Sails in the Desert (1984) is a nationally significant project designed by Philip Cox and Partners (now Cox Architecture) to develop both a cohesive township and a sustainable visitor precinct to support the growing tourism demand at Uluru. The design nestles sensitively into the desert landscape, ensuring minimal visual impact and creating a new archetype for Australian architecture.
A range of accommodation was developed along a raised circulation spine that follows the natural contour of the site. The original plan located staff residences at the centre, between two hotels. As the demand for accommodation evolved and increased, these residences were converted to short-stay apartments and new staff dwellings were designed to sit at the end of the township.
In addition to accommodation, the project included the creation of infrastructure to support an entire community, including school buildings, retail and service stations. Housing for workers, both permanent and temporary, was also part of the brief, which, given its scale and complexity, demanded an architectural practice working at the height of its powers. All aspects of the project were developed in deep consultation with members of the local Indigenous community, some of whom came to live and work in the facility; this was an approach that was unique at the time.
Many aspects of the architecture, from colour to materials and urban form, speak of Cox’s ambition to develop a tangible form of contemporary Australian architectural expression. As a whole, the township was designed to respond to the climate, with careful consideration given to orientation, shade and prevailing breezes. In a location where large shade trees struggle to survive, elegant and innovative shade structures were developed.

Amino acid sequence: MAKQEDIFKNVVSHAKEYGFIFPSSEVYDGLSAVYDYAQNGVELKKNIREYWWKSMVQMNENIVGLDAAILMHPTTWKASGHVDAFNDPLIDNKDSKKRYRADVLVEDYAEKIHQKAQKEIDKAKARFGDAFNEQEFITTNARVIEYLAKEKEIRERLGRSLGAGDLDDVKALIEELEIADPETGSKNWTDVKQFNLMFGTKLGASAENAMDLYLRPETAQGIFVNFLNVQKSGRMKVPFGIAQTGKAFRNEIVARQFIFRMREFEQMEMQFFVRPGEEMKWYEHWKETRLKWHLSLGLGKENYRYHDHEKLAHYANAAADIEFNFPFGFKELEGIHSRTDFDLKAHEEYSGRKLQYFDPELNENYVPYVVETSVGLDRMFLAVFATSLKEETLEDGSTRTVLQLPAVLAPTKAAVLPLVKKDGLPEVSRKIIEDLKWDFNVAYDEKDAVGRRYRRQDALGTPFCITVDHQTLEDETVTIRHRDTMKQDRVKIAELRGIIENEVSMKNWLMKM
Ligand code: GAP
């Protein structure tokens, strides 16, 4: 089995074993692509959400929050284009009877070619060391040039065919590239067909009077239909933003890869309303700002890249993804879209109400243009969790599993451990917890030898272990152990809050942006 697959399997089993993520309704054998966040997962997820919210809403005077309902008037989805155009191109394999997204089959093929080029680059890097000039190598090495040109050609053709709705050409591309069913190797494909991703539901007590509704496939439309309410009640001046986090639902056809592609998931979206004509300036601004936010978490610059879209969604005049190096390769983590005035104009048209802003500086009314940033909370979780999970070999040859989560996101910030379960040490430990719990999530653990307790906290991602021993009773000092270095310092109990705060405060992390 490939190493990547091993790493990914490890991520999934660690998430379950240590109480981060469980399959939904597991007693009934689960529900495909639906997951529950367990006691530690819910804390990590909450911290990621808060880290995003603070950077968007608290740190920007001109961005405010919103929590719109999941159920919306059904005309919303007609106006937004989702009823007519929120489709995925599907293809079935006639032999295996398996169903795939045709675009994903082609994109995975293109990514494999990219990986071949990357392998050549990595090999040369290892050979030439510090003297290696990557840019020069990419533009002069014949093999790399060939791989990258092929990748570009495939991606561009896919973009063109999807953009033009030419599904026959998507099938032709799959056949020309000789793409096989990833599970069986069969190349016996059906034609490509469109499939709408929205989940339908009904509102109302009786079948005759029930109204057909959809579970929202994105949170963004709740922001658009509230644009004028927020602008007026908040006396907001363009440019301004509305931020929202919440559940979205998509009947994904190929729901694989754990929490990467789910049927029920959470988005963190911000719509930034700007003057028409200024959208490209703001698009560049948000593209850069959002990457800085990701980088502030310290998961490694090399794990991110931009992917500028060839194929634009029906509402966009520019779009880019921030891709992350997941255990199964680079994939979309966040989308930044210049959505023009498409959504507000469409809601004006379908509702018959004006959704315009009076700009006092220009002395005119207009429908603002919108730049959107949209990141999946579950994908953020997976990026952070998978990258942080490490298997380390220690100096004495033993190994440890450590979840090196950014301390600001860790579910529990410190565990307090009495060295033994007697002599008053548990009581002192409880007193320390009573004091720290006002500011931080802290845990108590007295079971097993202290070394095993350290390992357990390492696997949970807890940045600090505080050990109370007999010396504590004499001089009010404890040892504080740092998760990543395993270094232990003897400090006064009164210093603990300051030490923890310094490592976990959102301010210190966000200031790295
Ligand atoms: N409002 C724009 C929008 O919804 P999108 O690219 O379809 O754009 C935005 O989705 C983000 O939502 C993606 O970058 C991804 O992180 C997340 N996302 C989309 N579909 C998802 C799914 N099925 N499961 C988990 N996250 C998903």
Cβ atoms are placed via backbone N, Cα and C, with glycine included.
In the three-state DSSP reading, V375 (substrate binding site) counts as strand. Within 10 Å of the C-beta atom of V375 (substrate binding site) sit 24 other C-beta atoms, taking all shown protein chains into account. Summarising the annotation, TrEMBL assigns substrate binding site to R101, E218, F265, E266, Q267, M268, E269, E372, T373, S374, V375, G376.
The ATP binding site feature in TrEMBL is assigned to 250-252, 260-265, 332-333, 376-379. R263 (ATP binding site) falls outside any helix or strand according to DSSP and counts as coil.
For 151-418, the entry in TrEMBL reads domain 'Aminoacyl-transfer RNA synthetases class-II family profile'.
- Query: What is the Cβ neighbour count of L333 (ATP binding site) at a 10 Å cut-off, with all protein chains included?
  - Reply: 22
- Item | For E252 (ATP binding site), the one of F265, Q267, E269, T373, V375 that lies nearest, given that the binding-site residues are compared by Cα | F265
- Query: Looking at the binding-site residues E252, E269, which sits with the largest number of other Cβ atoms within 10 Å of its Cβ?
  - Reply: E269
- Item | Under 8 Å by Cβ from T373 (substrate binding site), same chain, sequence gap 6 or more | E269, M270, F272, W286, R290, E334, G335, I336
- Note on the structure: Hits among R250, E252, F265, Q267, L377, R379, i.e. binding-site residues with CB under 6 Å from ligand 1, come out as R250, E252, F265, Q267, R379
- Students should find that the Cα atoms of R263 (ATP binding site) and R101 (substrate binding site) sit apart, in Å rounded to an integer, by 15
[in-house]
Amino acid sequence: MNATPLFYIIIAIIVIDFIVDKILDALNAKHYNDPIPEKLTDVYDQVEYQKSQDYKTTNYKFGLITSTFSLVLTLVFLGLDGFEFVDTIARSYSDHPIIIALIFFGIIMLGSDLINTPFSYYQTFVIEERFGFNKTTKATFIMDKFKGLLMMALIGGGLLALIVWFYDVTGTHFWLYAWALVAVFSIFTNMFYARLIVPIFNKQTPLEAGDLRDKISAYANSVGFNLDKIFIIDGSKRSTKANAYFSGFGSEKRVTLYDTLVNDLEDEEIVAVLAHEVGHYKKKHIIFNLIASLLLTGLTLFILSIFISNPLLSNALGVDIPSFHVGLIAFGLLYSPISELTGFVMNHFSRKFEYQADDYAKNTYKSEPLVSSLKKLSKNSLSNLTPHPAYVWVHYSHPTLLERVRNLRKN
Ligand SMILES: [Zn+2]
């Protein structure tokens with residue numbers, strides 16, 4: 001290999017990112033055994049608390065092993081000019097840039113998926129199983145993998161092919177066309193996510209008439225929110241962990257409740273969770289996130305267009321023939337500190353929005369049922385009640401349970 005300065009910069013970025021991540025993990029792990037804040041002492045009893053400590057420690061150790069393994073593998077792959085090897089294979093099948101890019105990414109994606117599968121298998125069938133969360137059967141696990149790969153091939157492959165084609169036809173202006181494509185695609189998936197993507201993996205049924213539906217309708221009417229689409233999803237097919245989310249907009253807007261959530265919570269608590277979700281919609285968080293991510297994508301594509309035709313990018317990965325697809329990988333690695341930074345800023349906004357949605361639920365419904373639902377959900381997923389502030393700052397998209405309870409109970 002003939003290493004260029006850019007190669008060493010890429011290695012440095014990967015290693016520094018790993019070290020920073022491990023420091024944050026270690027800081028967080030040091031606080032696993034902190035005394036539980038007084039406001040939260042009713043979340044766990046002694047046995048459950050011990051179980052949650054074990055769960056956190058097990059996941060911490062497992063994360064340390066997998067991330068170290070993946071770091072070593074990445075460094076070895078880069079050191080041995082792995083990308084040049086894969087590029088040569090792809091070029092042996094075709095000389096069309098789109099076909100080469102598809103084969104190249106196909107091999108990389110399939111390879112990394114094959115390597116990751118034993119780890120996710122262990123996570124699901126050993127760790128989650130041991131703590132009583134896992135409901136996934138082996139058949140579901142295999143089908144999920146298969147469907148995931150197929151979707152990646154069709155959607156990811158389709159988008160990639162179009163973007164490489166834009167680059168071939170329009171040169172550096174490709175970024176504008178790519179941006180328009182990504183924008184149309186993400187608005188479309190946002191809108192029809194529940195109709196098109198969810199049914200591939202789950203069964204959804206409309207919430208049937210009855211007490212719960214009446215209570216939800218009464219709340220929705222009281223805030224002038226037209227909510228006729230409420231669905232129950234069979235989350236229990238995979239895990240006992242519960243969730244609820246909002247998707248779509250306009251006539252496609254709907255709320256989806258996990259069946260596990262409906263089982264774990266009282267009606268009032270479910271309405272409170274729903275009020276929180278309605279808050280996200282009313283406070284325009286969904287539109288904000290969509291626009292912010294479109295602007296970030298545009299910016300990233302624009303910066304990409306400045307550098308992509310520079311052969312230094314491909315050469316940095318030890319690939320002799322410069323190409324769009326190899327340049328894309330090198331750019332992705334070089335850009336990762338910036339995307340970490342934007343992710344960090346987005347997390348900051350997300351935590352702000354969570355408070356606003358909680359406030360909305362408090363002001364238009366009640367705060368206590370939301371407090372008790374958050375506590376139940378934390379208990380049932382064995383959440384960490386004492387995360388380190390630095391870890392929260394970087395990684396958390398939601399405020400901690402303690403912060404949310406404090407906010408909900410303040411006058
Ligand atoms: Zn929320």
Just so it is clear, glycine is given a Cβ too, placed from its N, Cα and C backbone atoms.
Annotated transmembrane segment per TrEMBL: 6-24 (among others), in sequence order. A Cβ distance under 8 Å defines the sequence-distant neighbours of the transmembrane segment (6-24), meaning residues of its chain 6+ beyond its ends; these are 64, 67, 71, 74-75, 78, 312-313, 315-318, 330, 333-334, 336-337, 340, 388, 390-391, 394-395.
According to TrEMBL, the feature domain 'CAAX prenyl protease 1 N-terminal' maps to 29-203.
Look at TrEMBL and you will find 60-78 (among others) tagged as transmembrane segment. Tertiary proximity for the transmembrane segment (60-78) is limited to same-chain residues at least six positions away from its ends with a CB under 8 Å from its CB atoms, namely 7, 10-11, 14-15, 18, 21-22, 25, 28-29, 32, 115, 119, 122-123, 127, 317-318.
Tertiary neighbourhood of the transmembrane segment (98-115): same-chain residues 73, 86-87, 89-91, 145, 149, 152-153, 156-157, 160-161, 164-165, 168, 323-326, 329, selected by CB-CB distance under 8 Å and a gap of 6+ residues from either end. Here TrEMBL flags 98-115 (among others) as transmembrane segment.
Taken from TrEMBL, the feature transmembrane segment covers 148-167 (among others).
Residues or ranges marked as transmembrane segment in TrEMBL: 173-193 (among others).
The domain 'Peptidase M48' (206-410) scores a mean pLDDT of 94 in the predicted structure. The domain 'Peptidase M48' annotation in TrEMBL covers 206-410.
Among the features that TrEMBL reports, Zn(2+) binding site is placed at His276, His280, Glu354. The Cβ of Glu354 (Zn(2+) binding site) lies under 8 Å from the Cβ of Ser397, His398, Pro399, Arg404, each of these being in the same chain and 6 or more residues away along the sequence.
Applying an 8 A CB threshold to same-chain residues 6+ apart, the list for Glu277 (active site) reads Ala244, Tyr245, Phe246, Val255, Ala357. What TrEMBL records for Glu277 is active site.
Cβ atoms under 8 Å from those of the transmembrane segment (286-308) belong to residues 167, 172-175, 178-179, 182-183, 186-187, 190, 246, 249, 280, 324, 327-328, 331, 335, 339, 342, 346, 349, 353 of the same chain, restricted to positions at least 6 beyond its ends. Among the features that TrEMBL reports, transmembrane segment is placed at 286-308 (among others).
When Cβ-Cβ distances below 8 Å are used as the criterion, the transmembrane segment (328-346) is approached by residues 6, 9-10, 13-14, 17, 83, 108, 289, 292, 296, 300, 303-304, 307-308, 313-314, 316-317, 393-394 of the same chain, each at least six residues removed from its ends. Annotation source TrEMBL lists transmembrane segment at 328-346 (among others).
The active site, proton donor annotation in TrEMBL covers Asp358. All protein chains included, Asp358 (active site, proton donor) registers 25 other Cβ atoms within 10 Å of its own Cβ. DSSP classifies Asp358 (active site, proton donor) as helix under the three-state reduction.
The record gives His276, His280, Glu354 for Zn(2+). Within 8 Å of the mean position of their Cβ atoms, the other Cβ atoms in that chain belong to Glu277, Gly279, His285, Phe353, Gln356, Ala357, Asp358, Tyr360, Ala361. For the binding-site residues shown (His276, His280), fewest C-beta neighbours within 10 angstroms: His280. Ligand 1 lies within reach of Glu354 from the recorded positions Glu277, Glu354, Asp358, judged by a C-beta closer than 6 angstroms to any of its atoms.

Sails in the Desert is both of its time and timeless. Its enduring appeal demonstrates its capacity to capture the essence of an Australian vernacular, responding sensitively to the cultural, climatic and social conditions of the place. It was, and is, an iconic settlement in the service of one of our most important cultural and spiritual sites.
Sails in the Desert is located in Yulara, Northern Territory, and is built on the land of the Yankunyjatjara people.
Philip Cox and Partners (now Cox Architecture)
- Project Team
- Philip Cox, John Richardson, Hank Den-Ouden, Quentin Parker, Russell Lee, Tim Jefferies, Roger Barrett, Robert Grubb, Andre Ceprinski, John Louden, Norman Keshan, Dirk Collins
Cost planner WT Partnership
Interior design Nexus Designs
Landscape architect Environmental Landscapes
Project manager White Industries
Services engineer D. S. Thomas Weatherall and Associates
Stormwater and civil engineer Ove Arup and Partners
- Site Details
- Project Details
Category Hospitality, Public / commercial
Type Hotels / accommodation